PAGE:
Shawn started back at school last Friday. She worked for half a day, then went to class for the other half. While she was gone, I worked away on the pears and apples we had bought the previous weekend. Pear preserves and pear mincemeat was made. I also dried pears and apples. Plus I made a pear clafouti for the second time during the week (using maple syrup and rosemary as flavorings). I've still got more pears and apples to work with. I'm going to freeze some of them for use in desserts throughout the winter. I've found a couple of Asian pear recipes that look promising for canning and will get to work on those shortly. We might make one more trip across the mountains for more pears and apples. Yum! A friend has been encouraging me to begin a cooking/recipe/food blog. I've seriously been considering doing that and if I so, the link will be posted here.
Saturday, a friend of mine asked me to come over to his sister's house for a going away party. I was toying with the idea - still have the directions printed out in front of me, now - but Shawn came home with some halibut from the University Seafood store, so I opted to hang and cook with her. Although the reality of the work load from her class hasn't quite kicked in yet, she'll likely be buried with work over the next few months and we won't see much of each other. It was time well spent, though I felt bad about blowing off Phil.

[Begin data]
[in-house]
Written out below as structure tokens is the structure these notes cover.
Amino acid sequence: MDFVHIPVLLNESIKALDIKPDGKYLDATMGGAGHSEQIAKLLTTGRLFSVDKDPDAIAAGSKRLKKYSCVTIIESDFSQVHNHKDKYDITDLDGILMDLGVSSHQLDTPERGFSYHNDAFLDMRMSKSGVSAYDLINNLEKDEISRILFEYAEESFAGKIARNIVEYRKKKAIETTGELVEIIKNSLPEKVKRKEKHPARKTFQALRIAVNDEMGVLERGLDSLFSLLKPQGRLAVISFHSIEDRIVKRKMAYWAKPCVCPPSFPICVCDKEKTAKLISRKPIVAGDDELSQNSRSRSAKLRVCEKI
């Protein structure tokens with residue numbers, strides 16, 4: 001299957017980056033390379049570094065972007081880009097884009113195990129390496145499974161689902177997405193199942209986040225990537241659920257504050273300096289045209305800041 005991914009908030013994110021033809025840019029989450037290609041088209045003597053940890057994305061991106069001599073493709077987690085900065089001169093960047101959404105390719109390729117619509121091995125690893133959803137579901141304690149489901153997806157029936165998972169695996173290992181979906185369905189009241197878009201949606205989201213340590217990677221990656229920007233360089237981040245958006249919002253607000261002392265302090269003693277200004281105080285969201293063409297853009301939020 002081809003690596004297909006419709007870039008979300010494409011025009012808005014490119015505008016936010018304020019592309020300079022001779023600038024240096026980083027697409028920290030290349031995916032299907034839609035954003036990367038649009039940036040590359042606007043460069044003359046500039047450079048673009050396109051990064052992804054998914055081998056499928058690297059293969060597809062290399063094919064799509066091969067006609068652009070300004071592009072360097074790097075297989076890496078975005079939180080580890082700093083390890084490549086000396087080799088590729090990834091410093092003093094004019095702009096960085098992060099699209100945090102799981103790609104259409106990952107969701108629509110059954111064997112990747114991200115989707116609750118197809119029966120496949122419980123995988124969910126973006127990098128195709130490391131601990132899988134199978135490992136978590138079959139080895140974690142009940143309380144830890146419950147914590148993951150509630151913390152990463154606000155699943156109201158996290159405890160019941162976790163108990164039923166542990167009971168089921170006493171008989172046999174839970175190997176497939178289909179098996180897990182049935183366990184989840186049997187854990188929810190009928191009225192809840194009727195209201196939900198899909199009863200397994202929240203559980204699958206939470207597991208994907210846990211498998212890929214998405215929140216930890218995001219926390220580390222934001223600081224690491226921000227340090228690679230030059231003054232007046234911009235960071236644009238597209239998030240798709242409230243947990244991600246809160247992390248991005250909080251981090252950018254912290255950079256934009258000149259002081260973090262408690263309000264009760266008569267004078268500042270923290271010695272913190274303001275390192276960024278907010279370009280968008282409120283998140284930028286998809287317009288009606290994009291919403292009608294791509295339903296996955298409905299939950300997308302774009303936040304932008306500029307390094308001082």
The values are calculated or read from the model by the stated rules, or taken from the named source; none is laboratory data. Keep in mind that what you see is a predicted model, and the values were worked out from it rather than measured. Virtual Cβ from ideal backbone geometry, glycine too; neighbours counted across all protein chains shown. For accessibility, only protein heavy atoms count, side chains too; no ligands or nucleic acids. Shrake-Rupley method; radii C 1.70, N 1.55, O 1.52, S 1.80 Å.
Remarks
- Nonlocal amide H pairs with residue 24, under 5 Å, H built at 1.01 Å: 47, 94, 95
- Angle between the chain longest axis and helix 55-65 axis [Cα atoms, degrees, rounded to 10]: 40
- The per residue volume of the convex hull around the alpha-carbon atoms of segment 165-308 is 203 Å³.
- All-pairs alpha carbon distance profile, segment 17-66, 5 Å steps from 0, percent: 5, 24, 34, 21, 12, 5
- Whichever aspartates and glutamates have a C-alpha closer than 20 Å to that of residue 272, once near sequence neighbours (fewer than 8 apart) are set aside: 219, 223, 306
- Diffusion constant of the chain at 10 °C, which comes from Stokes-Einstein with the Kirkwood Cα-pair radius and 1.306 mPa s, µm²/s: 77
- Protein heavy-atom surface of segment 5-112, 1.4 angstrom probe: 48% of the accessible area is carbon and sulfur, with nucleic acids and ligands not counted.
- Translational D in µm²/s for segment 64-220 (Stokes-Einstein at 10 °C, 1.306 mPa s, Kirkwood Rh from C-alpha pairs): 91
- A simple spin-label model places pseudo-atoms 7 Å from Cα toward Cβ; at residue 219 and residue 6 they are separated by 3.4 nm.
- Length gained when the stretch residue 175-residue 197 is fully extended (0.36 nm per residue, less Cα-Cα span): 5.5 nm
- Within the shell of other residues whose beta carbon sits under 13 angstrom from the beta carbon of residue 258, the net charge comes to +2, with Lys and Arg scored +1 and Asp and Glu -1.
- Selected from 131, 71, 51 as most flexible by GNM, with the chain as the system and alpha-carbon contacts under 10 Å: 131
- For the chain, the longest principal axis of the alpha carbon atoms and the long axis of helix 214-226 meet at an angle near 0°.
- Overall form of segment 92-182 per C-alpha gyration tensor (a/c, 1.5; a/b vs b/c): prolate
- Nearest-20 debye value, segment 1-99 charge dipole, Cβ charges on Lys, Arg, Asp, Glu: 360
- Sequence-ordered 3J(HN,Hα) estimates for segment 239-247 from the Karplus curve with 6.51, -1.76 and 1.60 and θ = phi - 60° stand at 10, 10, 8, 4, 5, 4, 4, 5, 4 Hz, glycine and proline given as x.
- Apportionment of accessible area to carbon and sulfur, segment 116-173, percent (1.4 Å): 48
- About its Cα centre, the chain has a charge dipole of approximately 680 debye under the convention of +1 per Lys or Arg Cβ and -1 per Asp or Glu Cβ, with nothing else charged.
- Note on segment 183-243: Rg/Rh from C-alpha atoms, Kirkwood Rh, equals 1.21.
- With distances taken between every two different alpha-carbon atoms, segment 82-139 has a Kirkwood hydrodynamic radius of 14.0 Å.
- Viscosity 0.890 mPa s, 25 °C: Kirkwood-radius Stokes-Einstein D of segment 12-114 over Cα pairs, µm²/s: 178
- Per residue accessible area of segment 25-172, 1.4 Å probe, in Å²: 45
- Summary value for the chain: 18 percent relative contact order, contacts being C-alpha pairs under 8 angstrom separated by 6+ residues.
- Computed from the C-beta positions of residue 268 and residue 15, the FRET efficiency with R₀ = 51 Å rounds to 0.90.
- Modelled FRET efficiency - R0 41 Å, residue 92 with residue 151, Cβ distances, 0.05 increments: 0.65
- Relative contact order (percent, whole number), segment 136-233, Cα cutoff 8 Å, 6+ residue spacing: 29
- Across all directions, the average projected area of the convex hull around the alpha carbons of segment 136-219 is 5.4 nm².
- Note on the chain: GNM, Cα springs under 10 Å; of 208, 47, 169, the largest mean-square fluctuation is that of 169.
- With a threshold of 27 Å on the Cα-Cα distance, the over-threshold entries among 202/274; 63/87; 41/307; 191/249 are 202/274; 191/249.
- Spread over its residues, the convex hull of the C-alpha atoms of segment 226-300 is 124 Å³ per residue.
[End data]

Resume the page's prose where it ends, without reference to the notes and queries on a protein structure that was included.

Sunday was a pretty lazy day. After an early phone call from the scarents, I made a basic breakfast (fried eggs, toast, canned peaches, basil jelly, and fried potatoes with rosemary and thyme). I expected after that to work on getting something straightened out between Shawn's notebook and the wireless network. On Friday, she couldn't connect from the bedroom and she got caught up in a little tension convention and ran out to the office PC to print out some reading for class. Part of the tension also had to do with the mounting reading she had from her textbook, which had not yet arrived after ordering it via a third party through Amazon a week prior (her fault for ordering it late, really, but she didn't understand how the shipping worked and all). Luckily, the network booted up fine. Shawn read, I played on the PC as well as dried apples and cleaned the house. We took a walk in the afternoon after the fog let the sun shine through.
While walking around the hood, up the hill where the new townhomes are going in, we met a woman who greeted us and began and conversation. Before long, Marie was inviting us into her home which she shares with her friend, Fred. We met her new kitten and new puppy as well. Fred, got up to introduce himself. He's 85 years old, partially blind and partially deaf. If Marie looked like she was needing some company and conversation, Fred was looking doubly so. Fred latched onto me like a man banished from contact with his own gender for years. We weren't in the house for 5 minutes before 2 conversations were going: Shawn with Marie and myself with Fred. We were there about 15 minutes when Fred confided in me, "She's (meaning Marie) a little social, if you haven't noticed." *smile* I liked them both and plan on visiting Fred sometime in the future.